Also there seem to be some geographical inconsistencies - or perhaps the sentence structure confused me! Eg, if someone is travelling from Neapoli to Plaka which are on the north side of the Lassithi mountains how can he see burnt villages on the south side of the same mountains?? Also the airfield at Maleme is described as being west of Iraklion. Whilst that is true it's more accurately described as west of Chania.

OK, so I'm picky -sorry. It's still a good story but, in my opinion, doesn't deserve the fulsome praise heaped on it.

Perhaps Ishould now go into hiding! :wink:

Posted: Wed Oct 17, 2007 7:35 pm
by margarita
Your'e not alone, Phaedra.

I enjoyed the book because it was about something which was completely new to me, and which I found interesting. However, I agree that it was not very well written.

I remember reading a less than enthusastic review of the book when it first came and was later very surprised to see the praise that was lavished on it.

It seems that once it was on the Richard and Judy reading list it could do no wrong.


Posted: Wed Oct 17, 2007 11:43 pm
by andheath
I thought it was crap. Never read it but my mother-in-law has, it didn't stop her talking so it must be no good.

Posted: Thu Oct 18, 2007 4:09 pm
by Retired in Crete
Mrs RIC has read it and enjoyed it - which means it is probably rubbish!

Why visit Spinalonga, which has only been derelict for fifty years when Crete has many other ruins which are thousands of years old?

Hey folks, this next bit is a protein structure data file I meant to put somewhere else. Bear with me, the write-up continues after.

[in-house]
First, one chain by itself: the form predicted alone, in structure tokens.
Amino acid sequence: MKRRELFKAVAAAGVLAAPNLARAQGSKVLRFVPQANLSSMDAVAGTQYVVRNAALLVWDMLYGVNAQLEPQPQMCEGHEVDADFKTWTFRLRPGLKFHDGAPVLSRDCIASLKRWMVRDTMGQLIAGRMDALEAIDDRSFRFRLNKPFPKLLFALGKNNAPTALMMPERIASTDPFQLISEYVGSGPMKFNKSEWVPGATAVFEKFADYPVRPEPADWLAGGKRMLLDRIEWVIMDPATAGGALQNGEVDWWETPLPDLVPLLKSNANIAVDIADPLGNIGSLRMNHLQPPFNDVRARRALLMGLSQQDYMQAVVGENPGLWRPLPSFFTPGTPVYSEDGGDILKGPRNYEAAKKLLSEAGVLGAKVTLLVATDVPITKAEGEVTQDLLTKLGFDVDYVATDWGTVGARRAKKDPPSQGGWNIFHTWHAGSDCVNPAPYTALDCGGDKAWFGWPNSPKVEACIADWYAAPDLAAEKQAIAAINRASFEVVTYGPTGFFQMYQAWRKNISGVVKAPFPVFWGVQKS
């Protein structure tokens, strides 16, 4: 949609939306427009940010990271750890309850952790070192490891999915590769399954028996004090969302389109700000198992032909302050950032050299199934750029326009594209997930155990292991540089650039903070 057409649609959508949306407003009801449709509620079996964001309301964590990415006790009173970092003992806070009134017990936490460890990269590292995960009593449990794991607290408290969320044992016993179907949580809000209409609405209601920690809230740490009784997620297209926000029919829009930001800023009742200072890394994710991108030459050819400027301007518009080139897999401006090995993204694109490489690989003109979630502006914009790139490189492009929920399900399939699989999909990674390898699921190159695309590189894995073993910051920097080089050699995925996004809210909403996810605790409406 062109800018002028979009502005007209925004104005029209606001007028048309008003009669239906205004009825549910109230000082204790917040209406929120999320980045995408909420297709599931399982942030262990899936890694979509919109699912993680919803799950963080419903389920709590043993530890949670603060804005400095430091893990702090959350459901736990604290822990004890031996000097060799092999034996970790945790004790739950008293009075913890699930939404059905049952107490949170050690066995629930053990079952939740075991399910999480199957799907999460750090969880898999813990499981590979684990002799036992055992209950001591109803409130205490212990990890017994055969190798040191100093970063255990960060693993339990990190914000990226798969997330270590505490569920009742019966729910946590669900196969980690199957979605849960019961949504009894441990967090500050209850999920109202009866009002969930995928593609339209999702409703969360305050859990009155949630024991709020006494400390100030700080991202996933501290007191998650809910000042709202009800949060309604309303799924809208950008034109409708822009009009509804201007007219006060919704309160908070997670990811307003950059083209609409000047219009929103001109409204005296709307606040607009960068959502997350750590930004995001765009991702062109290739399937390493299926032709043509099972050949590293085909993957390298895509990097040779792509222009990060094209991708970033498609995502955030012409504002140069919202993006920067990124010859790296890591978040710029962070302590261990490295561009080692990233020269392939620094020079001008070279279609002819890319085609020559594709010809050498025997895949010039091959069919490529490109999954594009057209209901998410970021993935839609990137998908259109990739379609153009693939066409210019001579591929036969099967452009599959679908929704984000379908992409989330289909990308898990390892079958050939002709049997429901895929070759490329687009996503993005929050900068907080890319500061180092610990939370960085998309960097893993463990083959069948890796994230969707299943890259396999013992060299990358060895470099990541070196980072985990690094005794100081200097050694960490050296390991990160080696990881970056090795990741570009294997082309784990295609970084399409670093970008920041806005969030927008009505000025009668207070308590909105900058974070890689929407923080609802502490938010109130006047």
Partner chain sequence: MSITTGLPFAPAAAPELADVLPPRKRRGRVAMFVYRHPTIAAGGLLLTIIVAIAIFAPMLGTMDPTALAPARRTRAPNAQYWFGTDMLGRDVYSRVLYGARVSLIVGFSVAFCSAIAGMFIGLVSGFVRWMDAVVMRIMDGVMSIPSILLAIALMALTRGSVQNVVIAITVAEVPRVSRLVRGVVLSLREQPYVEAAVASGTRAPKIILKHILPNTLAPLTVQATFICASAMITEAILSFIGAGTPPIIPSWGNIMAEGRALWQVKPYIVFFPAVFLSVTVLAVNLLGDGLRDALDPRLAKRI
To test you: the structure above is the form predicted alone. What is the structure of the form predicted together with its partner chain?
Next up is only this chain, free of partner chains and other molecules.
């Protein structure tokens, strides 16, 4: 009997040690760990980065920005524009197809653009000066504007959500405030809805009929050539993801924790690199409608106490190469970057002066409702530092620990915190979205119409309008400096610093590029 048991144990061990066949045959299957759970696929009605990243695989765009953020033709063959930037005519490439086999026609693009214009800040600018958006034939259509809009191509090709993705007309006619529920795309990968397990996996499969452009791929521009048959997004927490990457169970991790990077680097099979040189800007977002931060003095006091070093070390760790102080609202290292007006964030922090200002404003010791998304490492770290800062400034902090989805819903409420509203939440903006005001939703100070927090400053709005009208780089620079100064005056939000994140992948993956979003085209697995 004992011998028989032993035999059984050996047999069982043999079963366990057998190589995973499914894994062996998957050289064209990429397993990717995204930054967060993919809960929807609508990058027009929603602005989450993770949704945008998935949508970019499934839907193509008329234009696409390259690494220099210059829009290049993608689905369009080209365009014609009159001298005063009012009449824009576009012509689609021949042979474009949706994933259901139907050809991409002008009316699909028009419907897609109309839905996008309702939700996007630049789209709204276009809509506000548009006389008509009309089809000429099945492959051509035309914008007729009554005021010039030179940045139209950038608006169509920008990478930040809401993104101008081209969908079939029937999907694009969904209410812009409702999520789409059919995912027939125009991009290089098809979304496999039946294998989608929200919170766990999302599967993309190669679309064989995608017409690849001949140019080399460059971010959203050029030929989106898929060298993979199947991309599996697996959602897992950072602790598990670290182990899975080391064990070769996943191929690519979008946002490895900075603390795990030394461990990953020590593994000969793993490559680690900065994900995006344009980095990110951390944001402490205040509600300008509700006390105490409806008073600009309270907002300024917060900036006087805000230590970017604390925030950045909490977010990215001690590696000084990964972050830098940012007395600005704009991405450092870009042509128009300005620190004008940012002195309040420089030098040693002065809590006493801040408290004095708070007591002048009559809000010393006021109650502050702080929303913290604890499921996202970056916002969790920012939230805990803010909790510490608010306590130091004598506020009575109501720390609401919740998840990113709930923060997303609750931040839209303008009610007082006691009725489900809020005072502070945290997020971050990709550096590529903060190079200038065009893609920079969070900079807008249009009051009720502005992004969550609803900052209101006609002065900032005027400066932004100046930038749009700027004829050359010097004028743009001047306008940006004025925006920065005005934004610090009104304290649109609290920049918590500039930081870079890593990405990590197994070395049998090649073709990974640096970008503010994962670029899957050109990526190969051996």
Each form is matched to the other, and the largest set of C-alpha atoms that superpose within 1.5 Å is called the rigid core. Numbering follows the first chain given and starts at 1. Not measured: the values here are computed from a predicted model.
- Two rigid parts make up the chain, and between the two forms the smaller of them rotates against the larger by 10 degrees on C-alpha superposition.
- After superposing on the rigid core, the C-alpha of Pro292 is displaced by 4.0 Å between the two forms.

The east has little to offer, why not visit a nice Venetian port in the west instead, where you can ride in a little carriage and see the sights like a proper tourist?


Posted: Thu Oct 18, 2007 10:37 pm
by Ray
I understand that Victoria Hislop is a travel journalist with the Daily Telegraph, I may be wrong. But the thing about journalists, at least people who write for a living, is that they are constantly looking for good subjects to write a best selling book.

Hislop came on a fortnight's holiday to Elounda, visited Spinalonga, the island just to the north of Elounda off Plaka, and she then went back to the UK, did some research and wrote what she hoped to be a best selling novel.

The question is, did she succeed?

Well the book has sold very well especially since it received good reviews from Richard and Judy among others. So, fair enough, she did that and hopefully made some money. Did she write a great literary novel? No, I don't think so. Maybe she never tried to.